The SNP, meanwhile, is depicting all this as little more than a Unionist con trick. The only way to secure more powers, runs the argument, is by voting “yes” in October 2014. As Nicola Sturgeon wrote in Scotland on Sunday, a “no” vote means Scotland will get “nothing”, while talk of Holyrood gaining more powers in those circumstances was “fanciful”.
Indeed, SNP rhetoric has hardened considerably against all previous talk of “devo-max”. This is understandable. The Scottish Government pushed for its inclusion among the referendum questions in 2014, but it was not to be. And in her Strathclyde University speech late last year, Sturgeon declared the UK state to be unreconstructable.
This, I think, is unfair, for it ignores that the devolution of power in 1999 amounted to a significant reform of the British state – indeed the biggest since its formation in 1801 – and also subsequent (additional) devolution of power in both Scotland and Wales. Now the SNP could, of course, argue this isn’t enough, but it still undermines any claim that the UK doesn’t do constitutional reform.
On that point, sometimes a lot of SNP and “yes” campaign rhetoric seems to belong in the 1980s rather than 2013. The old rallying cry of “no mandate” still exists, albeit in modified form, while on twitter and elsewhere some Nationalists talk of an “over-centralised” UK state that simply doesn’t exist. Often, you’d be forgiven for thinking a Scottish Parliament hadn’t been established in 1999.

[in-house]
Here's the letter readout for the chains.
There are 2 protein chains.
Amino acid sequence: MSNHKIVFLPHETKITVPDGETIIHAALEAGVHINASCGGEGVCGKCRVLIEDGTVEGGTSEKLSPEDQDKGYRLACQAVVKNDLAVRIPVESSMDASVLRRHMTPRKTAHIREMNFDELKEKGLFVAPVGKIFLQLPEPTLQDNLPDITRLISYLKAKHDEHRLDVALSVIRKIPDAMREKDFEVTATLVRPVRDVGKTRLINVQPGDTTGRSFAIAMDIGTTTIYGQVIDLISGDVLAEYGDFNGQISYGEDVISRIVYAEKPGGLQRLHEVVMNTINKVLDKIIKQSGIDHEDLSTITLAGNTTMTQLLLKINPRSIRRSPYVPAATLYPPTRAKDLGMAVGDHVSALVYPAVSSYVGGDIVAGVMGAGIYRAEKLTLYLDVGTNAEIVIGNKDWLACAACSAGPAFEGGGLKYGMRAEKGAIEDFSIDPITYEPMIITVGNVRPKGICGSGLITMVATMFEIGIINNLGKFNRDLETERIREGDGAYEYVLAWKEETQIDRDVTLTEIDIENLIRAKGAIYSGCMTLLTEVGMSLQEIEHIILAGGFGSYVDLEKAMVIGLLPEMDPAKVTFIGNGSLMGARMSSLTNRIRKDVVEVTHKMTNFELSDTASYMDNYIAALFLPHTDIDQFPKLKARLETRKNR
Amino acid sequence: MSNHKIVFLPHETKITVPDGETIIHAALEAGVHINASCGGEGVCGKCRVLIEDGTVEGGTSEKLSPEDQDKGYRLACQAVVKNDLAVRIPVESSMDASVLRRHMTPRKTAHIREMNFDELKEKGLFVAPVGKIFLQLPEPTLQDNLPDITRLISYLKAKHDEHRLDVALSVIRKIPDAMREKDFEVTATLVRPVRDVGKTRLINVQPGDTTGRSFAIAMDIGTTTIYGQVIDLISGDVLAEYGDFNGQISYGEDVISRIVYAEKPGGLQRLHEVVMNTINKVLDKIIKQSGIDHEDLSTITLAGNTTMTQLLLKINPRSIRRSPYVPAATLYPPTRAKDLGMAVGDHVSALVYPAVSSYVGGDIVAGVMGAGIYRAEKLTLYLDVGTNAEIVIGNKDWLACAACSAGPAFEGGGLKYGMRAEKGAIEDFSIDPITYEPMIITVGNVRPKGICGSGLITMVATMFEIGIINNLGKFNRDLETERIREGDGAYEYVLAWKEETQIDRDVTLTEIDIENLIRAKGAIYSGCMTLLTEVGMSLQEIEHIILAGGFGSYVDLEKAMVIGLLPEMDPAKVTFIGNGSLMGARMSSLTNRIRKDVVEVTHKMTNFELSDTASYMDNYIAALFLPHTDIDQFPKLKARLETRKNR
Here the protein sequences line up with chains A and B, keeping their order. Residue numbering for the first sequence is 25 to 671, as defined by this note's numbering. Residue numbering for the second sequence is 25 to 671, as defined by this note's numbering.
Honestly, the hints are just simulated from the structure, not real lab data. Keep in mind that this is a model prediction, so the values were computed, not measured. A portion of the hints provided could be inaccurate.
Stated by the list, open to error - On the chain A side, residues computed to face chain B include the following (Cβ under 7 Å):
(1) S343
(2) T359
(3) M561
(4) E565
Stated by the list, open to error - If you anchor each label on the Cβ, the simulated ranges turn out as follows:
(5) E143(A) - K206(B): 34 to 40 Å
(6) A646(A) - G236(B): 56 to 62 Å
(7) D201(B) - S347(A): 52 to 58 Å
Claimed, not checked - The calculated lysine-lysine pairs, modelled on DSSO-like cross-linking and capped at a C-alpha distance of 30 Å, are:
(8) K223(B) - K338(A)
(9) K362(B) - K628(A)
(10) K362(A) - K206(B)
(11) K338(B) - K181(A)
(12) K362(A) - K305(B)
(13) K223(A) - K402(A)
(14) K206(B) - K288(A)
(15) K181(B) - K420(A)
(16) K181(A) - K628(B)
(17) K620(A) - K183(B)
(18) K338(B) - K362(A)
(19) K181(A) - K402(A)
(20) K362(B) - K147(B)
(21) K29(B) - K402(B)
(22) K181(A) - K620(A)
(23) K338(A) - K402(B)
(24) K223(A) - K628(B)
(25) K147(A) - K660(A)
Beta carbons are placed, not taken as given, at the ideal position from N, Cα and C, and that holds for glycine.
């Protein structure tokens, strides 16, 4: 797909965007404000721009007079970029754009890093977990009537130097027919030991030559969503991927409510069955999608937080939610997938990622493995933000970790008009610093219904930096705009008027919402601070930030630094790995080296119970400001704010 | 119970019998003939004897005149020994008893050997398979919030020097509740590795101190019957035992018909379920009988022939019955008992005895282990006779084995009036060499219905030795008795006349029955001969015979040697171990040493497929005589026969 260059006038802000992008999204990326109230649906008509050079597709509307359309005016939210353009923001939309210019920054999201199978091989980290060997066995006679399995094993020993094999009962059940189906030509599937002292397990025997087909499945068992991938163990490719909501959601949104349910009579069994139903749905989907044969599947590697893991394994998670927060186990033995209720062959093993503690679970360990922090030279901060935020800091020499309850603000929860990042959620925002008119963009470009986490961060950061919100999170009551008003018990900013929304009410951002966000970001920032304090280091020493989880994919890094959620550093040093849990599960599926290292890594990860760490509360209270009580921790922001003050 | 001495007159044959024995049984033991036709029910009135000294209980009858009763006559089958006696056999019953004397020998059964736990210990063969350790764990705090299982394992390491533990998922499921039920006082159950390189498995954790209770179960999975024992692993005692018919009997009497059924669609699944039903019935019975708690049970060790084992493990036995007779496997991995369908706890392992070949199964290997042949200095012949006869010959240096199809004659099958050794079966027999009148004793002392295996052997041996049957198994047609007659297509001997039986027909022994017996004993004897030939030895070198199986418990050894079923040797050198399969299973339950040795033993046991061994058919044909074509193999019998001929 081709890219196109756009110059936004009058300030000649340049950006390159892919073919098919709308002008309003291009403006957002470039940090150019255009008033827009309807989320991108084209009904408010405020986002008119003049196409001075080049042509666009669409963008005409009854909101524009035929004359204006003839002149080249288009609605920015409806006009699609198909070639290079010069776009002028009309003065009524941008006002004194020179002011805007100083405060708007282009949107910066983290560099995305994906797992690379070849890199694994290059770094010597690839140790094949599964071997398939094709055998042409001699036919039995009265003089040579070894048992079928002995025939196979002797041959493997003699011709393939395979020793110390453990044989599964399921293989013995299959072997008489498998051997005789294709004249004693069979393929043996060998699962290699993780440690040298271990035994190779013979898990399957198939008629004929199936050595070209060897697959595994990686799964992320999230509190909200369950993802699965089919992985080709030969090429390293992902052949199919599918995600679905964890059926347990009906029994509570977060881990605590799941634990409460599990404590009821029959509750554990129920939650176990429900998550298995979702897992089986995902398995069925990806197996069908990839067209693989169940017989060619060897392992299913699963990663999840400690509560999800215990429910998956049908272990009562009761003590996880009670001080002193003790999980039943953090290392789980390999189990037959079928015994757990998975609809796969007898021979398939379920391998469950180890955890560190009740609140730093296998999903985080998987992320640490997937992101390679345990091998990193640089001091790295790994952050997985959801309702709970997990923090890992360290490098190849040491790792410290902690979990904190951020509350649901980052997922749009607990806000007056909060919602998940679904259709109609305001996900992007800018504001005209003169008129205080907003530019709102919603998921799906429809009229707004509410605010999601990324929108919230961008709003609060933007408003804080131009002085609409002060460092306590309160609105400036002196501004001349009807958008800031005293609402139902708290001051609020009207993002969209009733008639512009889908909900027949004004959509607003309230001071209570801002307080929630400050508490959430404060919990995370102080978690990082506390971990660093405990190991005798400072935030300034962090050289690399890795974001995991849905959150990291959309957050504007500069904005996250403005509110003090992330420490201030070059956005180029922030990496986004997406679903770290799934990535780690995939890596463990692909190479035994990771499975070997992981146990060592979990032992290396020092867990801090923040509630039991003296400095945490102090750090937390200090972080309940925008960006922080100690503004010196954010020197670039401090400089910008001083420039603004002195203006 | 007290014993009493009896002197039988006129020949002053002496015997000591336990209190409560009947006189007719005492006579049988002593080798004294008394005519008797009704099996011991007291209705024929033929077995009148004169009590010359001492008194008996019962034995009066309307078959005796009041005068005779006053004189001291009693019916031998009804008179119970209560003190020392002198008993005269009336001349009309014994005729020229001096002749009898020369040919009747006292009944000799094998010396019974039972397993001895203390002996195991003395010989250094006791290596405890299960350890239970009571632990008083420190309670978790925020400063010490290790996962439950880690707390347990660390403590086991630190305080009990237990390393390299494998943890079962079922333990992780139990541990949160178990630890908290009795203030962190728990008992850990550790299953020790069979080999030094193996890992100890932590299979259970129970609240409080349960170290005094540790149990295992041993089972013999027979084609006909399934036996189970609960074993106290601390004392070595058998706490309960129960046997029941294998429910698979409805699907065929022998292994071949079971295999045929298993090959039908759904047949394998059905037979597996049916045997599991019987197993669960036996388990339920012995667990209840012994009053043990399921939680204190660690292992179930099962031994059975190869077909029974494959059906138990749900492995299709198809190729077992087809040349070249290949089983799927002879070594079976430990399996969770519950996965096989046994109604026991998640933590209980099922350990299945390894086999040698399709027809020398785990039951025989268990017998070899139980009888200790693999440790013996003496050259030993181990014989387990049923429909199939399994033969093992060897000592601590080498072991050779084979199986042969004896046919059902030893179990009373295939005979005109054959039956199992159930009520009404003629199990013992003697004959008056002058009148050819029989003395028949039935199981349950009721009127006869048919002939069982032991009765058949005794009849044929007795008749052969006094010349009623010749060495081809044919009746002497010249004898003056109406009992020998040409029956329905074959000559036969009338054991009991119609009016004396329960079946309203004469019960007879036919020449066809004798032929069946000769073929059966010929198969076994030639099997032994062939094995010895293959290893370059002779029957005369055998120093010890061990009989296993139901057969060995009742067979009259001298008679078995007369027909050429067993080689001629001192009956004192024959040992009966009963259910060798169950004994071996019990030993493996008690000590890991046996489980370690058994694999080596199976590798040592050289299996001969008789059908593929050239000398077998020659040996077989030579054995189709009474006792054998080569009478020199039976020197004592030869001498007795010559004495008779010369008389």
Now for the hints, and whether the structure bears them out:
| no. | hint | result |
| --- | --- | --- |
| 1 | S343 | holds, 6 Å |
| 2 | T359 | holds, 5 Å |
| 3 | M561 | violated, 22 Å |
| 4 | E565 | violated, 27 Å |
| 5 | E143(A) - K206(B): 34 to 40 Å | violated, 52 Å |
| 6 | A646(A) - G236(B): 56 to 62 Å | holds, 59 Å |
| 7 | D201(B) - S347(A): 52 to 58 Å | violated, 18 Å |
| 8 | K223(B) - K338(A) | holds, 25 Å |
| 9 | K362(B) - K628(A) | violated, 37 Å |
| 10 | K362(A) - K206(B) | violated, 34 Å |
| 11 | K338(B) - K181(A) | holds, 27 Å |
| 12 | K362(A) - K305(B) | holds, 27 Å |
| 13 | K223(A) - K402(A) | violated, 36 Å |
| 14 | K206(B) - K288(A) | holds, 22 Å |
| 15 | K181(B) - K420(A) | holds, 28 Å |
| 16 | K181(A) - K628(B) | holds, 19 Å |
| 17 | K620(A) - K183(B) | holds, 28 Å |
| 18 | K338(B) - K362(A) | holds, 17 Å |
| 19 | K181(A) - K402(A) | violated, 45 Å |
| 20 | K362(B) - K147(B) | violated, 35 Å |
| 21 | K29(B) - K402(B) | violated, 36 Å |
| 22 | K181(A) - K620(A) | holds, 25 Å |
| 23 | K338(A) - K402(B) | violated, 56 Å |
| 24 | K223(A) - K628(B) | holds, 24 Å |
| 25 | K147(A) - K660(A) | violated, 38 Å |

As for the prospects of greater devolution following a “no” vote in the referendum, again I think Sturgeon is overstating her point. Given that all three Unionist parties are now committed to legislating for more powers at some point after the referendum, and that those pledges are likely to be put to the electorate at the 2015 general election, it seems a bit far-fetched to believe that somehow all that will be forgotten about come October 2014.
If the three parties did that then, frankly, they’d get pulverized in the media and, with the SNP’s warnings vindicated, most likely punished at the polls too. The UK Government is also conscious of the Quebec experience in 1995. Then, following a very close “no” vote on separation, the federal Canadian government moved quickly to grant some concessions in order to consolidate the outcome.
So contrary to Sturgeon’s assertion, more devolution is precisely what’s likely to follow a “no” vote in 2014, unless of course the Unionist parties have a political death wish. The SNP is, of course, entitled to question the sincerity of their opponents when it comes to constitutional reform, but given the fact it stood aside from cross-party devolution efforts in the 1990s and late 2000s, Nationalists are not exactly on strong ground.
As I often remind Nationalist friends, the two parties that formally opposed devolution between 1979-97 were the SNP and Scottish Conservatives. Both now not only support the Scottish Parliament, but coalesced (informally) between 2007-11 and today advocate greater powers (of course to varying degrees). However you look at it, this represents considerable change from the constitutional nadir of the 1979 devo referendum.